SCA Steps Up to Do Even More

by Leslie Lytle, Messenger Staff Writer

Since 1942 the Sewanee Civic Association (SCA) has improved quality of life on the Plateau through the annual Community Chest fund drive. The SCA also takes on ad hoc and emergency projects. Recent efforts include refurbishing Elliott Park, raising $26,000 for personal protective equipment needs during the pandemic with the 37375 Campaign, and donating $1,300 for air purifier filters at the Sewanee Elementary School. At the Sept. 28 Zoom meeting, the SCA formalized the mechanism for dealing directly with Plateau needs by forming the SCA Service Committee.

Co-president Kiki Beavers cited food insecurity, animal rescue, the housing shortage, and a community-wide art project as challenges the Service Committee might embrace. The first step in the conversation will be a “needs assessment,” Beavers said. To get involved, email <sewaneecommunitychest@gmail.com>.

The 2021-2022 Community Chest set a goal of raising $102,291 to support 20 Plateau initiatives including children’s programs, animal rescue, senior citizens’ needs, health care and more. Long-time community volunteers John and Kathy Solomon and Clay and Paula Yeatman will serve as co-stewards.

Ever youth oriented, the SCA thank-you note design contest currently underway at Sewanee Elementary School and Sewanee Children’s Center will offer prizes of art supplies and book fair gift certificates. SCA Board member at-large David Michaels made an appeal for adult volunteers to step forward to lead local Cub Scout Pack 152. The SCA has long sponsored the pack, but without adult leadership, the pack cannot continue.

Fittingly, the evening’s speaker, Tyler Ford with tnAchieves, highlighted the important role mentors play in the Tennessee Promise free college tuition program open to all Tennessee high school seniors. tnAchieves, the nonprofit partner of Tennessee Promise, operates in 90 counties to make sure students apply, take the steps necessary to access college, and have the resources they need. Ford serves as Director of Mentors. tnAchieves engages 9,000 mentors annually to interact one-on-one with students. Mentors serve as task managers and as a resource to keep students on track in the application process, especially important for the 40 percent who are first-generation college attendees; and, most important, mentors are “encouragers,” a positive voice reassuring students with self-doubt and anxiety about being “college material.”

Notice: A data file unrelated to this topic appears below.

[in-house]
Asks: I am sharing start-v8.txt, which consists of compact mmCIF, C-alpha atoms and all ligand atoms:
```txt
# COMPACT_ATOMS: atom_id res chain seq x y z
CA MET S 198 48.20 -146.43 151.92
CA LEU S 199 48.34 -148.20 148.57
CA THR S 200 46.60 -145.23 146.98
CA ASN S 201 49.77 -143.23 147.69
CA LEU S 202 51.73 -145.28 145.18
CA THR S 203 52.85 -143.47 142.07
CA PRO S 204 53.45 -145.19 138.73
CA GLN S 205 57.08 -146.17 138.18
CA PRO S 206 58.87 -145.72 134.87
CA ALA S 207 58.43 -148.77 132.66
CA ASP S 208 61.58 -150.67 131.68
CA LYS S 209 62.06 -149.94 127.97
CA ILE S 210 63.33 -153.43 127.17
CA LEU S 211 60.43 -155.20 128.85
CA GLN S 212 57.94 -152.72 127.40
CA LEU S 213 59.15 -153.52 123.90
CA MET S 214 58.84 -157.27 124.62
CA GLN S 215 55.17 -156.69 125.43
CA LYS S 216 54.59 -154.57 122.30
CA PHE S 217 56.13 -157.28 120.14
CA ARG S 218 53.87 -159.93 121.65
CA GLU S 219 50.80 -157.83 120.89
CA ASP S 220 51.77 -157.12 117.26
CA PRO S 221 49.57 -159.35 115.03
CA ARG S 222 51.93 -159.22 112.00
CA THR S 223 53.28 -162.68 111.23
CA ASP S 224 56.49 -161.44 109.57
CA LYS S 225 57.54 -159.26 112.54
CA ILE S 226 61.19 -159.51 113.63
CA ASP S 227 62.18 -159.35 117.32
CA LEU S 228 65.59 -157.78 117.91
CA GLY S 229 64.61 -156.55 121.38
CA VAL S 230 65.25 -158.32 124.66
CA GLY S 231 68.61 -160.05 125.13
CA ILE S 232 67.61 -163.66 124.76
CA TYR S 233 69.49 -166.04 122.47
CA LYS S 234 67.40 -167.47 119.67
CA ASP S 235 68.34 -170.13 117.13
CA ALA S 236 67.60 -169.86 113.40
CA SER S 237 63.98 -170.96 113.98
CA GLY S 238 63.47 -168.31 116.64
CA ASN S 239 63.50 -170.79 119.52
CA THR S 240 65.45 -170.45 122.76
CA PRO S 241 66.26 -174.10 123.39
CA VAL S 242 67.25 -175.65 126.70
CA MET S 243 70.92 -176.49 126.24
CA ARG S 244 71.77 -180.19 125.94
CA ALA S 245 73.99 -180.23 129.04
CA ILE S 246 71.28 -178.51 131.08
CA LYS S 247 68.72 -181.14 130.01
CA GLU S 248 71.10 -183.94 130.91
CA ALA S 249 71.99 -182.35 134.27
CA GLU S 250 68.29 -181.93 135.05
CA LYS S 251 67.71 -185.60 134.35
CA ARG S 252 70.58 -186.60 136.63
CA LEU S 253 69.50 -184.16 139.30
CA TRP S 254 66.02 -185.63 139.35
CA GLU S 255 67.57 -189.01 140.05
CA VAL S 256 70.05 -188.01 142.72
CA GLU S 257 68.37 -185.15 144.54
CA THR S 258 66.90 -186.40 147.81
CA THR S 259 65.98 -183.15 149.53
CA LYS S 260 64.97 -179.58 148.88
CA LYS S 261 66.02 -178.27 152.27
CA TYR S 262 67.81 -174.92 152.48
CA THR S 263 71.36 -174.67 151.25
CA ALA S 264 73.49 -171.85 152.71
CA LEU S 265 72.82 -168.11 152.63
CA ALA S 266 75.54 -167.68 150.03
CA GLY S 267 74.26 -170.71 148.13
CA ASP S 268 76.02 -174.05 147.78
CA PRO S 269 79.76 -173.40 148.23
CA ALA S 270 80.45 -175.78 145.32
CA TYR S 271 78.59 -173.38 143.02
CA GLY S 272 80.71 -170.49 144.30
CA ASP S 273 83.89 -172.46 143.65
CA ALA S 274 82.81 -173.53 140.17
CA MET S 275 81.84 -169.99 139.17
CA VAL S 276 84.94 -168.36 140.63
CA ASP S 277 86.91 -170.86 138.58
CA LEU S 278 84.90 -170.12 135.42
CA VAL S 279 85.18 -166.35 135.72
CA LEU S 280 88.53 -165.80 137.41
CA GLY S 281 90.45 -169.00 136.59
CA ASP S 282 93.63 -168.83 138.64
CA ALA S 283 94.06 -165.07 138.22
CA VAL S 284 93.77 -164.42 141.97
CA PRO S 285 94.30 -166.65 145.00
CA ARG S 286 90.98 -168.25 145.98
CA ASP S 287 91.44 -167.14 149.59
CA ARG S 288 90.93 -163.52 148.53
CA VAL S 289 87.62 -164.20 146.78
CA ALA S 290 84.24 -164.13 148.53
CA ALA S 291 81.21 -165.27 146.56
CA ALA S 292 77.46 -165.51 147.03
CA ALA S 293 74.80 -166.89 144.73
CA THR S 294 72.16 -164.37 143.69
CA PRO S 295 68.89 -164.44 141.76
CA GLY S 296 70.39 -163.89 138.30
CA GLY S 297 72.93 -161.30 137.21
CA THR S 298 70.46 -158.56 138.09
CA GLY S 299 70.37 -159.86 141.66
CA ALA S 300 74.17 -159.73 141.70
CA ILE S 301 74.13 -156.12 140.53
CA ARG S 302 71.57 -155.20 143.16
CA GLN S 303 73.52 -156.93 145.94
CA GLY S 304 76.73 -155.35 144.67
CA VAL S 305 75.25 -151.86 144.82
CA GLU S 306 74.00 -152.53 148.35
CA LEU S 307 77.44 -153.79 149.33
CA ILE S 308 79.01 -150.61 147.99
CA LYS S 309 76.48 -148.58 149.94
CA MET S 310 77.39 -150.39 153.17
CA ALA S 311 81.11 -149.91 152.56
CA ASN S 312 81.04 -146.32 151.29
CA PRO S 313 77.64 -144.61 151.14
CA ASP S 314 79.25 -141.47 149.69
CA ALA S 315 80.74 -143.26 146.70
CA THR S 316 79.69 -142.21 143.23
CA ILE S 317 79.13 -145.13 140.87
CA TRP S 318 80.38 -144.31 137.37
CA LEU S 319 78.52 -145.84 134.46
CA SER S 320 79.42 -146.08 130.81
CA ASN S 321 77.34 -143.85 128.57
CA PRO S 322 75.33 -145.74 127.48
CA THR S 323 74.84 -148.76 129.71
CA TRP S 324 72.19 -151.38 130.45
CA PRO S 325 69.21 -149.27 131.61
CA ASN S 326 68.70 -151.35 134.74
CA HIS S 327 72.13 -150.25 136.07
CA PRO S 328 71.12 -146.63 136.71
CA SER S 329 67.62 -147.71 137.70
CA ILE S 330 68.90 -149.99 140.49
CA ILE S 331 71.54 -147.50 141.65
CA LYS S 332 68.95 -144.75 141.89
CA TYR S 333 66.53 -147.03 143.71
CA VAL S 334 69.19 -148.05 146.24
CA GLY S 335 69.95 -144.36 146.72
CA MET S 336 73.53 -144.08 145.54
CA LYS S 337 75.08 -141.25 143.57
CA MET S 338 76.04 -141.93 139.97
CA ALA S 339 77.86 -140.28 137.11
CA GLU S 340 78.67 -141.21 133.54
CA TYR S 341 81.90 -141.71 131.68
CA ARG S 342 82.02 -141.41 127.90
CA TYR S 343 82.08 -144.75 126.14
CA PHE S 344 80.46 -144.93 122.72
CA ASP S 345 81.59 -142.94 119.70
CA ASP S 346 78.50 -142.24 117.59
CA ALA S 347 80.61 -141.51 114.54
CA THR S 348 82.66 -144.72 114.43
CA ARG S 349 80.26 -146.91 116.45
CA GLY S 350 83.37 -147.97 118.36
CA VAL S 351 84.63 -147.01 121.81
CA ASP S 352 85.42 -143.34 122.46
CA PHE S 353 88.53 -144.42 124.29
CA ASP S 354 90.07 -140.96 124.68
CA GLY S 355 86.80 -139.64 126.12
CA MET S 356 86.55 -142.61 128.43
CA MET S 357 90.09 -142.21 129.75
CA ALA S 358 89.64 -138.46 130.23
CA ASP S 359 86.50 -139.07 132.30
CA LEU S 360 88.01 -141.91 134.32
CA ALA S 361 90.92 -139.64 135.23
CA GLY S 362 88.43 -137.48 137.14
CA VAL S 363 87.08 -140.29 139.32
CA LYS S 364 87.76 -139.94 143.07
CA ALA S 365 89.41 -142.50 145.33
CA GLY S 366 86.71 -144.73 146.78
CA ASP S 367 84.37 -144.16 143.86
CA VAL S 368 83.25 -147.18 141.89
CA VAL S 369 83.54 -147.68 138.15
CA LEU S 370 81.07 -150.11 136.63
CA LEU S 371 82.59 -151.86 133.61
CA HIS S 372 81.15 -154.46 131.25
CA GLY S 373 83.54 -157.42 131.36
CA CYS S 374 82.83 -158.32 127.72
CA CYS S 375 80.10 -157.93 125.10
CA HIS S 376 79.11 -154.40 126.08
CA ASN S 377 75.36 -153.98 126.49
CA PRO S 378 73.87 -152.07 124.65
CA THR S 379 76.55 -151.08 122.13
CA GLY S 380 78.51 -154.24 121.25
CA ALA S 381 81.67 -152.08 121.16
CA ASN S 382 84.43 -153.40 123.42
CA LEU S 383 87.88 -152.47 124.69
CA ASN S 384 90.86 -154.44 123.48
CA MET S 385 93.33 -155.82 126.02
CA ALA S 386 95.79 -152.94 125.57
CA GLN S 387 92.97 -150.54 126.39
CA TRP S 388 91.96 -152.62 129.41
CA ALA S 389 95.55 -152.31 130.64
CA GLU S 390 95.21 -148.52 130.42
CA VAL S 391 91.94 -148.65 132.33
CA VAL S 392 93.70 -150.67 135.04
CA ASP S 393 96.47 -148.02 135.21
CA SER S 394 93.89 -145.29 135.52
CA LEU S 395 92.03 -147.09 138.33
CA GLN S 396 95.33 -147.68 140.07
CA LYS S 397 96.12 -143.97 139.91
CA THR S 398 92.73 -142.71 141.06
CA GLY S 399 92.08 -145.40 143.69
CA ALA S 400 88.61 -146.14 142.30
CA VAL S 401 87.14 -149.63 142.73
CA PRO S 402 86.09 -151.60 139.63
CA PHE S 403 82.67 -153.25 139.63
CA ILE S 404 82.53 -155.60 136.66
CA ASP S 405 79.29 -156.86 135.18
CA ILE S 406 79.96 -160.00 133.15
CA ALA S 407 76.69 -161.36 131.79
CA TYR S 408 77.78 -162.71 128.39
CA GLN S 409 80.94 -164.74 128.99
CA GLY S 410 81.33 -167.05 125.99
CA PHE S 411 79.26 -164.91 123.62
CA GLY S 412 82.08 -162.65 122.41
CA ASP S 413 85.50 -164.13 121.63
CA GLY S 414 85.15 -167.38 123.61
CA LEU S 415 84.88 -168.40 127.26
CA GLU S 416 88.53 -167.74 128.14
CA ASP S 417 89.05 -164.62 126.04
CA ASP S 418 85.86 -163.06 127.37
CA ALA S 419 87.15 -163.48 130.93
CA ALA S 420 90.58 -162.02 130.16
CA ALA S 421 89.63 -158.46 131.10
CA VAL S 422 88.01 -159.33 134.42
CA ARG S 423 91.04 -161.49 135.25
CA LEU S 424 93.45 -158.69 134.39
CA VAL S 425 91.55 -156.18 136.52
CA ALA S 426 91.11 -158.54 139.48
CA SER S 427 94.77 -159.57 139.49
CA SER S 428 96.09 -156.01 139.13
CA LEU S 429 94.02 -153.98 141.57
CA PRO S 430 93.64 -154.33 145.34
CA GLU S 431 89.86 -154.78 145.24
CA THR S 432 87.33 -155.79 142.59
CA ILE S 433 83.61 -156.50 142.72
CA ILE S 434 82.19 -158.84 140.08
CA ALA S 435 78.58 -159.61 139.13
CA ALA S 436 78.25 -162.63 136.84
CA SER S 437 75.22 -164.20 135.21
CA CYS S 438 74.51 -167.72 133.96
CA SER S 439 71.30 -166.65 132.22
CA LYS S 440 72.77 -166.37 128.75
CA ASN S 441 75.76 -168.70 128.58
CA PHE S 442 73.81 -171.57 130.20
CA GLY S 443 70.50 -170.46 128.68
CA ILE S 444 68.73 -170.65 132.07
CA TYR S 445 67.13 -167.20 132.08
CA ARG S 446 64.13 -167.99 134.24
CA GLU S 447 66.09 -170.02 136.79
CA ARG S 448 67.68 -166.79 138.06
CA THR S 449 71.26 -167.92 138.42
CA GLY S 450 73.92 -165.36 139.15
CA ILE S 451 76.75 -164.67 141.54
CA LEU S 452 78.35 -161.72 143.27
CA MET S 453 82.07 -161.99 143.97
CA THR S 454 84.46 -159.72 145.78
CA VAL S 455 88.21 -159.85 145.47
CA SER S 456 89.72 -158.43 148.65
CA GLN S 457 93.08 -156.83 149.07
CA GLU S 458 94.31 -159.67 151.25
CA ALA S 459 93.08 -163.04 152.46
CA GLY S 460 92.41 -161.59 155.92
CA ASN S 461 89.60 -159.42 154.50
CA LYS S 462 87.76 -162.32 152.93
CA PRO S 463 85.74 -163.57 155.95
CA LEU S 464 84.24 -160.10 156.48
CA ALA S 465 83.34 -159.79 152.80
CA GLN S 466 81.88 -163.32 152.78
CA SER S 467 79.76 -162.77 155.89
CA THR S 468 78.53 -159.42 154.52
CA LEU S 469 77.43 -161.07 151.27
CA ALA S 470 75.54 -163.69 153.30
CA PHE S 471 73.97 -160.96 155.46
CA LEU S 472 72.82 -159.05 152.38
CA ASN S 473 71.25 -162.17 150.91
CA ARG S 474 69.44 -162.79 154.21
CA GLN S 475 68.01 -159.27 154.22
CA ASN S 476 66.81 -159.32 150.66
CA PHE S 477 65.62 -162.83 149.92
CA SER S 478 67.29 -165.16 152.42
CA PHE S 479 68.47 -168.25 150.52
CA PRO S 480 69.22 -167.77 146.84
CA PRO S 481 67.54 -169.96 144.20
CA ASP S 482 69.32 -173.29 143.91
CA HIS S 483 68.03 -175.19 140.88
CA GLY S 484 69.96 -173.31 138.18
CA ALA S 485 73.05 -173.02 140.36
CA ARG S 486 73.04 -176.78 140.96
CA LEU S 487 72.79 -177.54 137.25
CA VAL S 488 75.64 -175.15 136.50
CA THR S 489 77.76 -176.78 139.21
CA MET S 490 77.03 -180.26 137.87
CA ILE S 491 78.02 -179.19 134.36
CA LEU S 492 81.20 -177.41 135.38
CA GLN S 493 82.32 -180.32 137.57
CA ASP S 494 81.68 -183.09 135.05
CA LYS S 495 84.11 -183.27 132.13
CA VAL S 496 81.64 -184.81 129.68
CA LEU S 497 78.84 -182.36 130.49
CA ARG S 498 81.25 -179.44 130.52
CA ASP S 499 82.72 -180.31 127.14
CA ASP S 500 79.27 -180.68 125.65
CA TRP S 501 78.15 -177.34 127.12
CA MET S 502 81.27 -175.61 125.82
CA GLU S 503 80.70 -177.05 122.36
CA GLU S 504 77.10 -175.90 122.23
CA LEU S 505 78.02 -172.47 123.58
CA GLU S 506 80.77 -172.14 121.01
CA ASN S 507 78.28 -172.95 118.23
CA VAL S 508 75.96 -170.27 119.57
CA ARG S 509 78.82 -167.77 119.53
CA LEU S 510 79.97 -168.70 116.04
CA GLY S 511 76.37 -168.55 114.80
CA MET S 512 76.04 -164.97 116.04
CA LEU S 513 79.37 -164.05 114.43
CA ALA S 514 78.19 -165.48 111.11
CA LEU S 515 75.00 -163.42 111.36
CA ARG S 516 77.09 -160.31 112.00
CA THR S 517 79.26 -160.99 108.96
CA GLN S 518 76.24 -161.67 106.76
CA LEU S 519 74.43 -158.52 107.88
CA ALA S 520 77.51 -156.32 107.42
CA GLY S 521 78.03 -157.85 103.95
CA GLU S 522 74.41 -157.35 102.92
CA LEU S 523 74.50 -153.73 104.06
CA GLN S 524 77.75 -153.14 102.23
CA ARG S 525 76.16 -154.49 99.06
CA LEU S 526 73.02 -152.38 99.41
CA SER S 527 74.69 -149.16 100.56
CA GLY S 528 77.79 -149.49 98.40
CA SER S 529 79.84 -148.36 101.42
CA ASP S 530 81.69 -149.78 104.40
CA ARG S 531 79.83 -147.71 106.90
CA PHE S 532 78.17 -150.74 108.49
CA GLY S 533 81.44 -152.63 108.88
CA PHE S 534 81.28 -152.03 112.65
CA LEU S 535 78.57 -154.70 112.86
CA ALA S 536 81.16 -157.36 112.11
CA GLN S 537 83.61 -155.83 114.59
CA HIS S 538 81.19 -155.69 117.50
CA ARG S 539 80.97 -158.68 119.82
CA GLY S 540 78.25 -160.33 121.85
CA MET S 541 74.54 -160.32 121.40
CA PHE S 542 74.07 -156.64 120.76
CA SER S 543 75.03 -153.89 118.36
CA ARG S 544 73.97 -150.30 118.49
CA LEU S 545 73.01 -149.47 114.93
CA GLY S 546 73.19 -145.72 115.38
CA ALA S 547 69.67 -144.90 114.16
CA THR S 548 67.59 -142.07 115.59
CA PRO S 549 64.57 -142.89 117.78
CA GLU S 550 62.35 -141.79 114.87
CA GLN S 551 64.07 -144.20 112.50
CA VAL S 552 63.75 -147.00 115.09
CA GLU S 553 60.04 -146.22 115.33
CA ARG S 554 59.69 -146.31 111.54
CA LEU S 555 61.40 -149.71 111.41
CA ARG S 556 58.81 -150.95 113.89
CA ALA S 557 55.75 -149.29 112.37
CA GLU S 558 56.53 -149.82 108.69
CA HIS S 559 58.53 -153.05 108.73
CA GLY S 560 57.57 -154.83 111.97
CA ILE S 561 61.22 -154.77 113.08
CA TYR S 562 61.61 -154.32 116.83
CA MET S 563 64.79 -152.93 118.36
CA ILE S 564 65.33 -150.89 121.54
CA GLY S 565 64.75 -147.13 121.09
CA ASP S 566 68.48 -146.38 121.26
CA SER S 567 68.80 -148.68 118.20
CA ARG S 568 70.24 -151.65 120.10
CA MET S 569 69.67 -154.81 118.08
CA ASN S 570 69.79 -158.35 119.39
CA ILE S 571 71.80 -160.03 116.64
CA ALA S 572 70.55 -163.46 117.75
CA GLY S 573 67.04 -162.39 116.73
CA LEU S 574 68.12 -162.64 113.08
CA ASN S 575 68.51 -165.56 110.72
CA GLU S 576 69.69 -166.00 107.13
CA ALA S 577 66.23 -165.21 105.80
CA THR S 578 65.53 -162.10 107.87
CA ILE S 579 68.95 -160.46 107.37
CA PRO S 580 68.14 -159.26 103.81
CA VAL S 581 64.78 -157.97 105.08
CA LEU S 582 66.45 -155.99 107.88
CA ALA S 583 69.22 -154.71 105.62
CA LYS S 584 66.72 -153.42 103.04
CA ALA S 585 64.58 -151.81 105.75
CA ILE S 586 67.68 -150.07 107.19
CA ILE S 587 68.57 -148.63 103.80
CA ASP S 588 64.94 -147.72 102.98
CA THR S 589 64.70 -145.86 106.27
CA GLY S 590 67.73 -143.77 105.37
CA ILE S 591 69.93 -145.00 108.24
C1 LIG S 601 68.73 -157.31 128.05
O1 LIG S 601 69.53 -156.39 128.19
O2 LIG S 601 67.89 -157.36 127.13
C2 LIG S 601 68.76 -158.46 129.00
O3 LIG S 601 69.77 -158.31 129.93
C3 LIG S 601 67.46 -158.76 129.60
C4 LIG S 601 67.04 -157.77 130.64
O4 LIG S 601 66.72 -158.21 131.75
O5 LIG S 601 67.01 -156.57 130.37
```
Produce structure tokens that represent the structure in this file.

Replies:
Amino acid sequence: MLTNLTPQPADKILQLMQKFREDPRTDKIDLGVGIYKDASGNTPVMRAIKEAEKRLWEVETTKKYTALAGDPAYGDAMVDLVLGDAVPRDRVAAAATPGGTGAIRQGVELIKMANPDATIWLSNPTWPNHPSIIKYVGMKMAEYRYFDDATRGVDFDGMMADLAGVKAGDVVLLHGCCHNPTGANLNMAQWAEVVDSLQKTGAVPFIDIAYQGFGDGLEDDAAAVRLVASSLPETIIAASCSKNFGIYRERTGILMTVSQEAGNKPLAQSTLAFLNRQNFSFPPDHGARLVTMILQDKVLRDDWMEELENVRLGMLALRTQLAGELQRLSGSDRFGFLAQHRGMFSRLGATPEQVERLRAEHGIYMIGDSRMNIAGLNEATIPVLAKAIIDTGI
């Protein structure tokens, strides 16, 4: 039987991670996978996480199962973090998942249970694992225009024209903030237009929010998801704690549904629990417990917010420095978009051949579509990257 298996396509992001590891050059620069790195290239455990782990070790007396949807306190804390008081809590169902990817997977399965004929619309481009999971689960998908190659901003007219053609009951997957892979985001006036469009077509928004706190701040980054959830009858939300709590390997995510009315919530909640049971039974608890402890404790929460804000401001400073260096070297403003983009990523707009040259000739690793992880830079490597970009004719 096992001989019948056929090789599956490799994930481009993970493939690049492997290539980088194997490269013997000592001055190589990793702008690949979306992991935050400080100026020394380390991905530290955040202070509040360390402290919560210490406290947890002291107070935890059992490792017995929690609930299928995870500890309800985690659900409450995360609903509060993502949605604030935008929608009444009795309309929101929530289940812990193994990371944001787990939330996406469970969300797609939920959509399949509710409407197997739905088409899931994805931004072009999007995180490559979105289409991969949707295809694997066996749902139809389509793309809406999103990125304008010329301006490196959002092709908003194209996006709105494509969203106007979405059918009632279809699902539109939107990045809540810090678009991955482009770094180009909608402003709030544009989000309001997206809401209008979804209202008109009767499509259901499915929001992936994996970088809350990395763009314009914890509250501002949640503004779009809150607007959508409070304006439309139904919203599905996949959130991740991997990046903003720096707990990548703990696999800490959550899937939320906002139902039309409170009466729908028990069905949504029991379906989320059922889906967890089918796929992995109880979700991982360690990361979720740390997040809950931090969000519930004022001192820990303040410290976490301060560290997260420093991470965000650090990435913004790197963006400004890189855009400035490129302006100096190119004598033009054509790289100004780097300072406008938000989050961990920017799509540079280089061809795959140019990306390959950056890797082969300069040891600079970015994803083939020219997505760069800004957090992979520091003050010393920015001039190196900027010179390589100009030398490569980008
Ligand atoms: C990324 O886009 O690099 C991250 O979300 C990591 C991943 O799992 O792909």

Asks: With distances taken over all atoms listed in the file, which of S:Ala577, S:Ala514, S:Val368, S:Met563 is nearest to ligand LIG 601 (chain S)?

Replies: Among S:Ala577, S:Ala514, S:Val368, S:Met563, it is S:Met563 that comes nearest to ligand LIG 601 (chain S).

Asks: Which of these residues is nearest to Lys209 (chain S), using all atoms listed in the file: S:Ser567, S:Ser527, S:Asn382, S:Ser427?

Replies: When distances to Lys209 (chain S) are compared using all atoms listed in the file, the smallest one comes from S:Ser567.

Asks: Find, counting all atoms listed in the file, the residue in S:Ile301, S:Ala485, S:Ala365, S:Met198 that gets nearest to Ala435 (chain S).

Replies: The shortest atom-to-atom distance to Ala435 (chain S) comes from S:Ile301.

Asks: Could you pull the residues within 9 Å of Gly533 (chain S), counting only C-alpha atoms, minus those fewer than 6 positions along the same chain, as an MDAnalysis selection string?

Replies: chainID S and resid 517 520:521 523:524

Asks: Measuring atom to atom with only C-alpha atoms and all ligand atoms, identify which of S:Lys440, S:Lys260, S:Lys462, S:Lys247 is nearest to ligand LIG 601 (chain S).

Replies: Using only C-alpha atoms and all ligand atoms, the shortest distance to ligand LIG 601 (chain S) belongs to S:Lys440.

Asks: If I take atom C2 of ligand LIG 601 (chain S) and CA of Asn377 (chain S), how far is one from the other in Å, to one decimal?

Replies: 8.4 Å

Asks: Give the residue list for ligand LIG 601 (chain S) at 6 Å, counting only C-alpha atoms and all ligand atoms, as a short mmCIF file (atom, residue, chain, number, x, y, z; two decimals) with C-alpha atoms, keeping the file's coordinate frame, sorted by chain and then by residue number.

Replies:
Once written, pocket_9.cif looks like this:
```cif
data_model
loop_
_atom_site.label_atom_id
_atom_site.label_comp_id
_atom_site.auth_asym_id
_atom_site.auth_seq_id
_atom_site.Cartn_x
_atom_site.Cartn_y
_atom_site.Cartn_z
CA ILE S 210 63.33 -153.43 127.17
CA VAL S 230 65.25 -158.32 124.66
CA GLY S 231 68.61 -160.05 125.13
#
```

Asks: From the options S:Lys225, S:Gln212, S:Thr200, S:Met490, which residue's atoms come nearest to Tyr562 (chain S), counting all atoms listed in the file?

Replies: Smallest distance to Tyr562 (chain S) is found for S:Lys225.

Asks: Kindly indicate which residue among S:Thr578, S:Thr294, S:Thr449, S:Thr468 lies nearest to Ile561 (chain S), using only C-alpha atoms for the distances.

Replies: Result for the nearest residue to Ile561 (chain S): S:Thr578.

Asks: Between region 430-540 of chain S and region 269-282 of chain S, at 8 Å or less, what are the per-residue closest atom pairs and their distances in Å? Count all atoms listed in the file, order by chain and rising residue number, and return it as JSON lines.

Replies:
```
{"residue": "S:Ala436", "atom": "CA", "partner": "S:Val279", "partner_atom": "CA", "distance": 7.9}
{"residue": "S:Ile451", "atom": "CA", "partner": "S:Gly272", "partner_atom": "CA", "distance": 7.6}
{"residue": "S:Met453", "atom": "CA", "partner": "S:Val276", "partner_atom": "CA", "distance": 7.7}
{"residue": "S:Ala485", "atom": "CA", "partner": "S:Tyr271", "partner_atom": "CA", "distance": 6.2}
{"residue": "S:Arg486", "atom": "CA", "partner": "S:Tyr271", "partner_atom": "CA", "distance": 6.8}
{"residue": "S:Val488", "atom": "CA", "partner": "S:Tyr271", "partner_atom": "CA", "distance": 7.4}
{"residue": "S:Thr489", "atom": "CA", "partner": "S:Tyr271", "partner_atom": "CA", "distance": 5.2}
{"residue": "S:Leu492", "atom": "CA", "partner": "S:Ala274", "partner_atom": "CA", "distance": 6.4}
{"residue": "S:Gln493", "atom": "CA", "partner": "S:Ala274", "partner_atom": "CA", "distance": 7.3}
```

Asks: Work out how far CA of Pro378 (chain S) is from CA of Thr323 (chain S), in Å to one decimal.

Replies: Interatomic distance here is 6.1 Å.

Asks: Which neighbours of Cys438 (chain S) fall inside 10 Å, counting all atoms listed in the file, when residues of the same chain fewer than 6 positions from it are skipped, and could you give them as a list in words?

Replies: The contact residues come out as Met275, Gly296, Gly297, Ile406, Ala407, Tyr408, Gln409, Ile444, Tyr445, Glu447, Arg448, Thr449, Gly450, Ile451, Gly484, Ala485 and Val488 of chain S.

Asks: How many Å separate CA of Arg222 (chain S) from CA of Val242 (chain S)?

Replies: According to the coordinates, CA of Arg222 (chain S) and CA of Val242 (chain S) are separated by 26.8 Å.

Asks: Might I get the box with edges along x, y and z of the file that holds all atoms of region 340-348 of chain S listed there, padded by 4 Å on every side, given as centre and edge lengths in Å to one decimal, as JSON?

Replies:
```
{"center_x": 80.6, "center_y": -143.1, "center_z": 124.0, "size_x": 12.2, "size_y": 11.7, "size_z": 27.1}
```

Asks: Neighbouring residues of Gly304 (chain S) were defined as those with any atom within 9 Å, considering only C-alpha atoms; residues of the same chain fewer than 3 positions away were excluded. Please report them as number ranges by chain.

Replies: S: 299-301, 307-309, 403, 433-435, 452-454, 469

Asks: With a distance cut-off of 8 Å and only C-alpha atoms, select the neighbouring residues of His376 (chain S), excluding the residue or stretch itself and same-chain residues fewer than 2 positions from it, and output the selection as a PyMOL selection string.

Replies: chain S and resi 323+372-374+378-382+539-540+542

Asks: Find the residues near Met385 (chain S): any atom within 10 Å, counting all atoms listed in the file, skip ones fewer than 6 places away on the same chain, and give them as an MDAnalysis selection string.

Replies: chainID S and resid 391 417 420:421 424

tnAchieves assigns 5-7 students to each mentor. Mentors have the option of meeting with students virtually or in open-house sessions hosted by tnAchieves. Ford told the story of an anxious first-generation college student on his first day of classes puzzling over his schedule’s notation “MWF,” which he took for the classroom building, a building he could not find and was too afraid to ask anyone about. He phoned his mentor who explained “MWF” meant Monday, Wednesday, Friday. The mentor then directed him to the schedule’s building code and building location. The young man went on to earn a degree in Forestry from UT Knoxville.

Franklin County needs 47 more mentors. To sign on, email Ford at <Tyler@tnAchieves.org>.

The SCA meets next on Oct. 26. September is membership renewal month for the SCA. The $10 dues give members a one-year subscription to Sewanee Classifieds, the email listserv which functions as a community bulletin board. To renew, members can respond to the Sewanee Classifieds email they received or visit <www.sewaneecivic.org>.

To make a donation to the Sewanee Community Chest, send a check to PO Box 99, Sewanee, TN 37375, or use PayPal Giving.

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